Anyone who has experienced the stress of being in an unsatisfying job, or who has been employed by a company with a psychically poisonous work environment knows those situations consume significant amounts of energy; poor physical working conditions also cause harm. Thus, occupational wellness is critical to well-being. For some, occupational wellness involves whatever work makes them happy. For others, a paid job provides their desired financial and material life, but a working hobby such as gardening, wood-working or fixing cars also can provide satisfaction and enrichment.
The social dimension involves connection to friends and family. Lack of a good social network, loneliness, feeling isolated and not fitting in at home, at work or in a community are major barriers to achieving wellness.
The intellectual wellness dimension means expanding knowledge and skills while allowing time to discover the potential for sharing one’s gifts with others. Humans must be constant learners, not necessarily in the sense of “book smarts,” but in learning to find their own unique ways to learn and to teach.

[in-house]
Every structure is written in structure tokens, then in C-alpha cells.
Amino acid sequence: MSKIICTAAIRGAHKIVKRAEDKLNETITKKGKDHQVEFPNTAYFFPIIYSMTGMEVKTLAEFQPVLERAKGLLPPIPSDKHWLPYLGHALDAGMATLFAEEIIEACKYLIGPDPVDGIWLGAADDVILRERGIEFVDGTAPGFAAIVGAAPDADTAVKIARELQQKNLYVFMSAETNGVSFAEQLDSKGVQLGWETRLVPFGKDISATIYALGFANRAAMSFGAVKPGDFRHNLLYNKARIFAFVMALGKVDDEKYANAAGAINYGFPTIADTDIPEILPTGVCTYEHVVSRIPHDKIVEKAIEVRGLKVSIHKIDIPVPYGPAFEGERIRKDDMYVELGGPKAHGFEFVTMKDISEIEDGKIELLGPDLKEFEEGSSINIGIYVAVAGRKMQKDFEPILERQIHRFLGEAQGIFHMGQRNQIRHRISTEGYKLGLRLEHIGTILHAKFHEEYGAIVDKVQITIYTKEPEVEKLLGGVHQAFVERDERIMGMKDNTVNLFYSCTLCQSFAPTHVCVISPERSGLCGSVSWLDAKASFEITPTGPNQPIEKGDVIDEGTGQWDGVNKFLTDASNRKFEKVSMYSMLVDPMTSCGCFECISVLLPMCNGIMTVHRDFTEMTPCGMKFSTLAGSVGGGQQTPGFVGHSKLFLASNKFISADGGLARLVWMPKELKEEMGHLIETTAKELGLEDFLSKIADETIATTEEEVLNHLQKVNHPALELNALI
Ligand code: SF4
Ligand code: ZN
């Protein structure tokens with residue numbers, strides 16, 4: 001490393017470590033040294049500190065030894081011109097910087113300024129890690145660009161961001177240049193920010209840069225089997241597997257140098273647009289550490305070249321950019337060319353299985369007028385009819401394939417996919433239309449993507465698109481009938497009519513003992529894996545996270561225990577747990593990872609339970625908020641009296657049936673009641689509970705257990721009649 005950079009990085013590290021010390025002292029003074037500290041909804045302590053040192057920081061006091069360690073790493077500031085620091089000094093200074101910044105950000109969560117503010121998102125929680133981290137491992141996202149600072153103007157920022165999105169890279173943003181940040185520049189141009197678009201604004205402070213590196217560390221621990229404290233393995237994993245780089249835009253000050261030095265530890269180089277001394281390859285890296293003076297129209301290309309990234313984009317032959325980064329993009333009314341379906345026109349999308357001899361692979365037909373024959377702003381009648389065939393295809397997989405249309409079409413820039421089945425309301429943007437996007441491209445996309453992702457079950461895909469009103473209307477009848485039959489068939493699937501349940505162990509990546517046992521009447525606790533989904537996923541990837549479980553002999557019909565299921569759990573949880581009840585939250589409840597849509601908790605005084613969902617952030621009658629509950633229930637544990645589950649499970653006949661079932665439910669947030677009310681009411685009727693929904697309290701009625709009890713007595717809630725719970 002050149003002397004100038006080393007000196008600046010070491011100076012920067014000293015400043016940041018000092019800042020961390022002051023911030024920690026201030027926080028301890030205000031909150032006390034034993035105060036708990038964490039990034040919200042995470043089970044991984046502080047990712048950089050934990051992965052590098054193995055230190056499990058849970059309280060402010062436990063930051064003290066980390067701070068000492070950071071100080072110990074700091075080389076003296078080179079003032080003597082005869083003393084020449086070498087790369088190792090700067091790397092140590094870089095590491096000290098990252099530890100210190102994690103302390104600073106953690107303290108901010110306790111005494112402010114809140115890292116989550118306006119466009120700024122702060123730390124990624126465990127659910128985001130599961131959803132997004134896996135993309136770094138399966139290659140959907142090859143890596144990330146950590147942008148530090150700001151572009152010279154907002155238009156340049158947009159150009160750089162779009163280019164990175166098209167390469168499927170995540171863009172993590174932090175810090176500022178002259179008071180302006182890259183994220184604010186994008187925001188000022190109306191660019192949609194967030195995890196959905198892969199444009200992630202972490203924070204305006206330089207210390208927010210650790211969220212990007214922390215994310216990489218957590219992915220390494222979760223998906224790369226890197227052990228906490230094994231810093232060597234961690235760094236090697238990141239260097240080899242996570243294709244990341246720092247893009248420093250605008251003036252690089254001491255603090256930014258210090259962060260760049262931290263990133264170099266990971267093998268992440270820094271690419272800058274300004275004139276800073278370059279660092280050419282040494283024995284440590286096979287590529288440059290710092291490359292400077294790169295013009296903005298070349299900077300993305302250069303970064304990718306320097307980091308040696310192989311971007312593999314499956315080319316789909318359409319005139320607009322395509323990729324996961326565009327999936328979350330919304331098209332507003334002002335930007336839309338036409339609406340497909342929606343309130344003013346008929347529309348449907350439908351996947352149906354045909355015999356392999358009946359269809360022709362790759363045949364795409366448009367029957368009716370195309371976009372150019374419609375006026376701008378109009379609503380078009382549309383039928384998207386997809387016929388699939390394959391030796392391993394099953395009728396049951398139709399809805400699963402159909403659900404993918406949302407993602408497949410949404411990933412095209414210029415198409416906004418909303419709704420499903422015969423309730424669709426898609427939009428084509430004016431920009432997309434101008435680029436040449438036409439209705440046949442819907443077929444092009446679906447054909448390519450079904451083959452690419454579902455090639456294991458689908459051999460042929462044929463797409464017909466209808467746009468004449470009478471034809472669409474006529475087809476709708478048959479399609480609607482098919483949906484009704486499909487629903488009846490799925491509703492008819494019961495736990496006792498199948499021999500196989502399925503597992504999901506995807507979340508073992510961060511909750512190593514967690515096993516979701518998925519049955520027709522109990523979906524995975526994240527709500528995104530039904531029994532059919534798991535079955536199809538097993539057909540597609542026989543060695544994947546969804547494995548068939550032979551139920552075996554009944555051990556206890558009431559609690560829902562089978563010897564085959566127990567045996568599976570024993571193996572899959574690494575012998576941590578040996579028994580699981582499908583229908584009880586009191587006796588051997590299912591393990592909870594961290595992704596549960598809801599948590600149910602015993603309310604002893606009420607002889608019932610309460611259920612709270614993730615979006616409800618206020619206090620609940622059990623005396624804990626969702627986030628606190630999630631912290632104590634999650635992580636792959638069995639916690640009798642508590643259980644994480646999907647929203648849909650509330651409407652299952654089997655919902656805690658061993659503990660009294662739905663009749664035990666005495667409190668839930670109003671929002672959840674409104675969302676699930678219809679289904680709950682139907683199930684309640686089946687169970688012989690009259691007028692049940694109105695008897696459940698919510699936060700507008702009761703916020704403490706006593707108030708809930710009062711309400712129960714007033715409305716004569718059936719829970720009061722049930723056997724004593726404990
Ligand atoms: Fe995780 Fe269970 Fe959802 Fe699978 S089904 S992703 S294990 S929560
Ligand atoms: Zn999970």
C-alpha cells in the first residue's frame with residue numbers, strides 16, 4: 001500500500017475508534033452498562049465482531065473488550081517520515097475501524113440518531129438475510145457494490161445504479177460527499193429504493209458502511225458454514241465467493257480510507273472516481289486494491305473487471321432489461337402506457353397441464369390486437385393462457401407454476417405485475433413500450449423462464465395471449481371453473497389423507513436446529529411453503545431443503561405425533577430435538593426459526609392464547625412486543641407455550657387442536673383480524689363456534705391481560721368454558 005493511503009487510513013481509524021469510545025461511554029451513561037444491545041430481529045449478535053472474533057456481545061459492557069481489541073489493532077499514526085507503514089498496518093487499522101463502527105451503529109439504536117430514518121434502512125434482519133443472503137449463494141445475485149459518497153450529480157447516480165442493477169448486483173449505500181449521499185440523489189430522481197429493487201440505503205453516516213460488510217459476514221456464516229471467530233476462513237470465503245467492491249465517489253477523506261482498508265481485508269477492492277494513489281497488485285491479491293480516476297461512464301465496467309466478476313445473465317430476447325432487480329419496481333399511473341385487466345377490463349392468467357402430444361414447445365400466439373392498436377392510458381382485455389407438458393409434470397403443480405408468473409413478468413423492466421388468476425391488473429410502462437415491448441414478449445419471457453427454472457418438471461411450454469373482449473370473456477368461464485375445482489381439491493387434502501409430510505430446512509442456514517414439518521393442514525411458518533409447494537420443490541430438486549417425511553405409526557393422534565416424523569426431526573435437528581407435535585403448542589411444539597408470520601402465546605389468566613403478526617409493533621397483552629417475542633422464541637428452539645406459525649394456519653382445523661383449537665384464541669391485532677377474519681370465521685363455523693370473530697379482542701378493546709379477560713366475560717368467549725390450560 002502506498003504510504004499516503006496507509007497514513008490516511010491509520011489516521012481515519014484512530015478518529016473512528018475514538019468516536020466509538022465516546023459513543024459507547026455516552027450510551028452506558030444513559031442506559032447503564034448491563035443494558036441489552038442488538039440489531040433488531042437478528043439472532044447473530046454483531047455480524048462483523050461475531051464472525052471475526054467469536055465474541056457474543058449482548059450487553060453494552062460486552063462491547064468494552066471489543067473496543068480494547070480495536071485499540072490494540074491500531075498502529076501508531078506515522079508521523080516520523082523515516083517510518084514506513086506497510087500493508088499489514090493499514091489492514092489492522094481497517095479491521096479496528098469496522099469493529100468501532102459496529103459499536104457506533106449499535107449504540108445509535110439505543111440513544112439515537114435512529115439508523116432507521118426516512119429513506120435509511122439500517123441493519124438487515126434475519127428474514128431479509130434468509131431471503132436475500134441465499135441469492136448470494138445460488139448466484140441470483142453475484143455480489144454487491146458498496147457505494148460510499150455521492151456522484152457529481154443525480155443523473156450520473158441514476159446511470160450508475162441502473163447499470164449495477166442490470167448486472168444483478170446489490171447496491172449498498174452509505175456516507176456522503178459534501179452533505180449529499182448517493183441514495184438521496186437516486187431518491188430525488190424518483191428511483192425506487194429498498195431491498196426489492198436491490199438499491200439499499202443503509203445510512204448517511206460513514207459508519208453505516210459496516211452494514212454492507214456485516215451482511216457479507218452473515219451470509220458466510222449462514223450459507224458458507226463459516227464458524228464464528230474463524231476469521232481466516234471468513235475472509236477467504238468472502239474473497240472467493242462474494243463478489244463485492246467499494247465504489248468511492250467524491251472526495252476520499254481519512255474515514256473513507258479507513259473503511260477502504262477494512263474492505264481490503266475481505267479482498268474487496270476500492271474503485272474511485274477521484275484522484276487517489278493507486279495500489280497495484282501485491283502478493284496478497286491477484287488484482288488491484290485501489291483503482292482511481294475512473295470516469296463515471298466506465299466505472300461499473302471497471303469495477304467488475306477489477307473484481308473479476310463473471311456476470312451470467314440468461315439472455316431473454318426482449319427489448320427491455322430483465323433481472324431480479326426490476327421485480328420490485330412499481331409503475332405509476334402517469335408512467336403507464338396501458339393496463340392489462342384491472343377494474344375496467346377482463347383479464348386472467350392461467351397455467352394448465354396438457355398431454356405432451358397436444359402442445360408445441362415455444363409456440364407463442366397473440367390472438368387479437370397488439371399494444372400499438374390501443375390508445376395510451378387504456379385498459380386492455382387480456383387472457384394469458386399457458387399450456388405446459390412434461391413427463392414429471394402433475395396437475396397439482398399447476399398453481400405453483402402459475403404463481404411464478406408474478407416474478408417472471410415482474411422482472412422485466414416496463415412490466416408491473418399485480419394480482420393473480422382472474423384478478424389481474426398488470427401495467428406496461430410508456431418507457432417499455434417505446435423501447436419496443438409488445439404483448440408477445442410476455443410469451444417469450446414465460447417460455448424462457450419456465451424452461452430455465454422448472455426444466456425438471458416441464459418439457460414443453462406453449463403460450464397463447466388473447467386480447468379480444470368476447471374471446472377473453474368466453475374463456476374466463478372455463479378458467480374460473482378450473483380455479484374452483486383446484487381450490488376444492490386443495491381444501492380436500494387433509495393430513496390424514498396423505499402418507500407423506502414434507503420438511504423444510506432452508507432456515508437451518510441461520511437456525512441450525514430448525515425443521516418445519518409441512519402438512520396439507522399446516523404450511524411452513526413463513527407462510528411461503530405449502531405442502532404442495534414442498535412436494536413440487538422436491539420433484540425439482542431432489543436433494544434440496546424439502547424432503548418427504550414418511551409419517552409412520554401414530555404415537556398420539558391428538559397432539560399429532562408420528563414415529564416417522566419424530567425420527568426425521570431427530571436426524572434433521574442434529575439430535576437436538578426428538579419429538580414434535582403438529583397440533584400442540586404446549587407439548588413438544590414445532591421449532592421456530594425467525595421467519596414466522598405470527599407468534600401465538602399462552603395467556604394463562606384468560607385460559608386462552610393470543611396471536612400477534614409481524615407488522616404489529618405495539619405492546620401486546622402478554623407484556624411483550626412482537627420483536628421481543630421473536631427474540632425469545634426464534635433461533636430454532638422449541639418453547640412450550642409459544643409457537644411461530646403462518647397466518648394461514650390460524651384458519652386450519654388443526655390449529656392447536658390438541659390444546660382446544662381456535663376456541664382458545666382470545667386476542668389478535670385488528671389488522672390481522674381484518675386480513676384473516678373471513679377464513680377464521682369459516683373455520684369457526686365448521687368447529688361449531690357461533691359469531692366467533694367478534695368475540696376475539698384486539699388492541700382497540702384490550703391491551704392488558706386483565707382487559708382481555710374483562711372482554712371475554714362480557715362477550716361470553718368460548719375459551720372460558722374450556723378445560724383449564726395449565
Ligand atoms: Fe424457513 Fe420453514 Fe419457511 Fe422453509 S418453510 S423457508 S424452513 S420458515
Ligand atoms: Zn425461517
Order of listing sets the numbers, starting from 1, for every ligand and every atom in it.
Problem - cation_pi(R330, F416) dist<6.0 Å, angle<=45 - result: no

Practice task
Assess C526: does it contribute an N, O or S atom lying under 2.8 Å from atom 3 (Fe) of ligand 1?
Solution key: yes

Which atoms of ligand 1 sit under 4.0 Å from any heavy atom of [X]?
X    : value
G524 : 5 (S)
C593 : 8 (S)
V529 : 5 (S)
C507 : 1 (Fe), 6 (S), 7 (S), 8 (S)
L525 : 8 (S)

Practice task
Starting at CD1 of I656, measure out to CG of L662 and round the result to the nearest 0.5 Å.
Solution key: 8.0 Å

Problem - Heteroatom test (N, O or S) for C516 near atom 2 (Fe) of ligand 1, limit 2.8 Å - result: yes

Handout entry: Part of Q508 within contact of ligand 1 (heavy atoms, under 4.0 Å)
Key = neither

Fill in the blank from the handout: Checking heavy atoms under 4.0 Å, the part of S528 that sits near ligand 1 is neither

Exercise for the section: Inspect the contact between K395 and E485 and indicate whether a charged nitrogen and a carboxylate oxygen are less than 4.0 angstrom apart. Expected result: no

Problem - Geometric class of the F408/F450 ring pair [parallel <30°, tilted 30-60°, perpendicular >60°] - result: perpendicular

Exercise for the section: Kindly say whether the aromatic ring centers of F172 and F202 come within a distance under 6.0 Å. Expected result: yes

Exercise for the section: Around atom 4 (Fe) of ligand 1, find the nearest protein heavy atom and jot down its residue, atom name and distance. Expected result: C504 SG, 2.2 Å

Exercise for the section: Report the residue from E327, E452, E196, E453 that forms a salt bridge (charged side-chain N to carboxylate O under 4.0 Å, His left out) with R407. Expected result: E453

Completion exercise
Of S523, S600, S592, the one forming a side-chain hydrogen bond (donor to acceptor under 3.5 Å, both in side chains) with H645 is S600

The spiritual and emotional dimensions both are critical to happiness and health. The spiritual dimension recognizes the human desire to search for meaning and purpose in life—exploring the ubiquitous question, “Why are we here?”
The emotional dimension aligns with the other five dimensions by recognizing how each person must try to cultivate a positive outlook—to create enthusiasm about one’s self and one’s life.
Each dimension holds equal value in a life worth living. But the concepts for each dimension need to be understood in the right perspective. For example, as Hawking overcame his physical obstacles, it is imperative for individuals to understand their own obstacles to overcome.
Social Determinants and Wellness